An analysis of the charts below reveals that Mountain View, though it is more volatile than some of the more expensive markets in the area, is consistently considered a seller’s market. Mountain View is quickly absorbing all of its homes for sale and currently has one of the lowest month’s supply of inventory (MSI) in the Bay Area at .5 months. Only time will tell how long this astoundingly low inventory supply will affect the other key statistics though it can only be assumed that days on market (DOM) will decrease while sales absorption (SA) rates and median prices will increase given historical data.
The chart shown above graphs Mountain View’s MSI as well as the DOM. Traditionally, DOM is cyclical in nature decreasing in the spring and summer, and increasing in the fall and winter, and the Mountain View market is no exception. For the most part, the level of inventory has been decreasing since May 2010. It is currently sitting at an astonishing low inventory level of .5 months.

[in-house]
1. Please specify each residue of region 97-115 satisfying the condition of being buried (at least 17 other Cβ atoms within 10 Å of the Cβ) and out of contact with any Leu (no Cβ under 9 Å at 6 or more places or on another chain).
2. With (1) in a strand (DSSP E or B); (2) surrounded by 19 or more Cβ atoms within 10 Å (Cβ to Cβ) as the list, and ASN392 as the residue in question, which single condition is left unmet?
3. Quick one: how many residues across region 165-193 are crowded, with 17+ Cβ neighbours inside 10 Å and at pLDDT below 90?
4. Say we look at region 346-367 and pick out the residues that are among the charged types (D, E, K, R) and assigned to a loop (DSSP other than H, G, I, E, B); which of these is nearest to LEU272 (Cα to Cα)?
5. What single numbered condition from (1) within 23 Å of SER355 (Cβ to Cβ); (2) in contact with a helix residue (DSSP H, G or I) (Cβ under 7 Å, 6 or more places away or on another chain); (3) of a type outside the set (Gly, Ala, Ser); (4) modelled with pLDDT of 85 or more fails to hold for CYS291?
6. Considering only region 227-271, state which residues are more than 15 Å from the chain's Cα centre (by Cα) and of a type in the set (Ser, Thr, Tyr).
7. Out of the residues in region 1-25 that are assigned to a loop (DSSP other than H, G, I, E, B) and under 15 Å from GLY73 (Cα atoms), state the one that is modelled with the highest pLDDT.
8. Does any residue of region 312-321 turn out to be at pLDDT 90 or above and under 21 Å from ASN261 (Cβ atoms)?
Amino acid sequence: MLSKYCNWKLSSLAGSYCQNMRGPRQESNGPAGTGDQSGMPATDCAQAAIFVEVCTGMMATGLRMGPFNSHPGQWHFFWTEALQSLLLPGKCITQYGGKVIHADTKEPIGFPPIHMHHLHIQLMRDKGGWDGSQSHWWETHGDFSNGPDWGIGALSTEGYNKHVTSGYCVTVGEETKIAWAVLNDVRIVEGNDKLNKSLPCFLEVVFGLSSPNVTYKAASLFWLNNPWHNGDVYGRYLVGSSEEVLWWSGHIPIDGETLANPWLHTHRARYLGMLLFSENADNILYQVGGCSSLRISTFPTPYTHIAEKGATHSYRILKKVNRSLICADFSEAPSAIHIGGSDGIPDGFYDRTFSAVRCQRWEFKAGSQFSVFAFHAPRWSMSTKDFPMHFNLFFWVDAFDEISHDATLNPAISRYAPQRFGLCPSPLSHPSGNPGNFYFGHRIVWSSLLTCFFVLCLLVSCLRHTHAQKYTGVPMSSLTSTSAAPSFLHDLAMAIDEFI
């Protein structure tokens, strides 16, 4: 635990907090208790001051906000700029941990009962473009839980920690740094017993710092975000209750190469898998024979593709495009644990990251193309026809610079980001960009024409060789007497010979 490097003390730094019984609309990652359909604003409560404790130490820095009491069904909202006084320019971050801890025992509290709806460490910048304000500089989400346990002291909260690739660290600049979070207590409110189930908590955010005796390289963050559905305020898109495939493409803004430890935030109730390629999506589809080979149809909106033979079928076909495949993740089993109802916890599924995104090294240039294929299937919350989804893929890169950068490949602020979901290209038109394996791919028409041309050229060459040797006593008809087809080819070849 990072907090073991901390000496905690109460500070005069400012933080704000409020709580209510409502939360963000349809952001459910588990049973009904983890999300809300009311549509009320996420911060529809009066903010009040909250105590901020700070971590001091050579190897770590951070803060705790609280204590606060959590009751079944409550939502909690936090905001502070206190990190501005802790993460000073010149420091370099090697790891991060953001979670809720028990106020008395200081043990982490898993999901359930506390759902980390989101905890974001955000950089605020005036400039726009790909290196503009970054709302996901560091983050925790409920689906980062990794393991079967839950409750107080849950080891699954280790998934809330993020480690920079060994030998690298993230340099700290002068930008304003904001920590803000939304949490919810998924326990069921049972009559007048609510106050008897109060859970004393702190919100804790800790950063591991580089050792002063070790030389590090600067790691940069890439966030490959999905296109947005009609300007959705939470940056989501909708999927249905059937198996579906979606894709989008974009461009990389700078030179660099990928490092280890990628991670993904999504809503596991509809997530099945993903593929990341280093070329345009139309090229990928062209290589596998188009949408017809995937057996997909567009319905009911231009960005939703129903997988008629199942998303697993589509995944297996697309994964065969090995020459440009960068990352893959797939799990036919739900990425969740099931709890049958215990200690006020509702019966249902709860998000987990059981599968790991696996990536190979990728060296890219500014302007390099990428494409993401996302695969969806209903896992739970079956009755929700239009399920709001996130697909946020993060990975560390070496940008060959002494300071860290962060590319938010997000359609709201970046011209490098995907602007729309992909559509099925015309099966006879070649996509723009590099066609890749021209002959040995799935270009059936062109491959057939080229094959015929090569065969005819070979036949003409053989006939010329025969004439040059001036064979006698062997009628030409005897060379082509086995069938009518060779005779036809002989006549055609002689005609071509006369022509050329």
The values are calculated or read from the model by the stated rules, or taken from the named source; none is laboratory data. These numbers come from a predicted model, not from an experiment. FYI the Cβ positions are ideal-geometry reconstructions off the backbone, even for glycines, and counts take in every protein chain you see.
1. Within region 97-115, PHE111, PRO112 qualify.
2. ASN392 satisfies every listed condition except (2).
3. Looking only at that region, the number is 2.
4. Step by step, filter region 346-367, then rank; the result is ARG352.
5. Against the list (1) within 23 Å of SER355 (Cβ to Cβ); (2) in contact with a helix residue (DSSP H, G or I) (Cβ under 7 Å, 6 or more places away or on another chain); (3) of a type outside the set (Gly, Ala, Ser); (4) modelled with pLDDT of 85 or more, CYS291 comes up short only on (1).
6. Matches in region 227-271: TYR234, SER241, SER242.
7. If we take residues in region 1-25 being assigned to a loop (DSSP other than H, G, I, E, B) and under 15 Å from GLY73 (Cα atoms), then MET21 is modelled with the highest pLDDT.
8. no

As you can see by the chart above, the sales absorption rate in Mountain View has been steadily increasing from May 2010 through May 2012. In May 2012, the current sales absorption rate was 64.6% of properties under contract and 54.6% of properties sold.
Over the course of the last two years, Mountain View had a swing in median price of about $200,000 as shown in the above chart. The solid line showing average median price has been relatively stable with a slight dip in late 2011. Since February 2012, Mountain View has seen a stable median price just over $750,000.
There are several key statistics that are used to determine the health of any real estate market – average days on market, month’s supply of inventory, sales absorption rate, and the median sales price. Days on market (DOM) describes how long a home is active on the market before its status changes to pending. The average days on market is determined by adding each listing’s days on market in a month, then dividing by the number of active listings for sale at the end of that month.
Mountain View has been an example of what many buyers and sellers would hope to see in their local market after the housing bust. The city fell, but not as hard as its neighbors, and recovered immediately into a slow rise that continued throughout 2010.
Its weak points this quarter were in average days on market (still better compared to 2009, with 61 days) and a sales price to list price ratio that favors buyers. The median price rose in the fourth quarter, and aligns with the more popular spring and summer months, including besting the same period in 2009 by more than $10,000.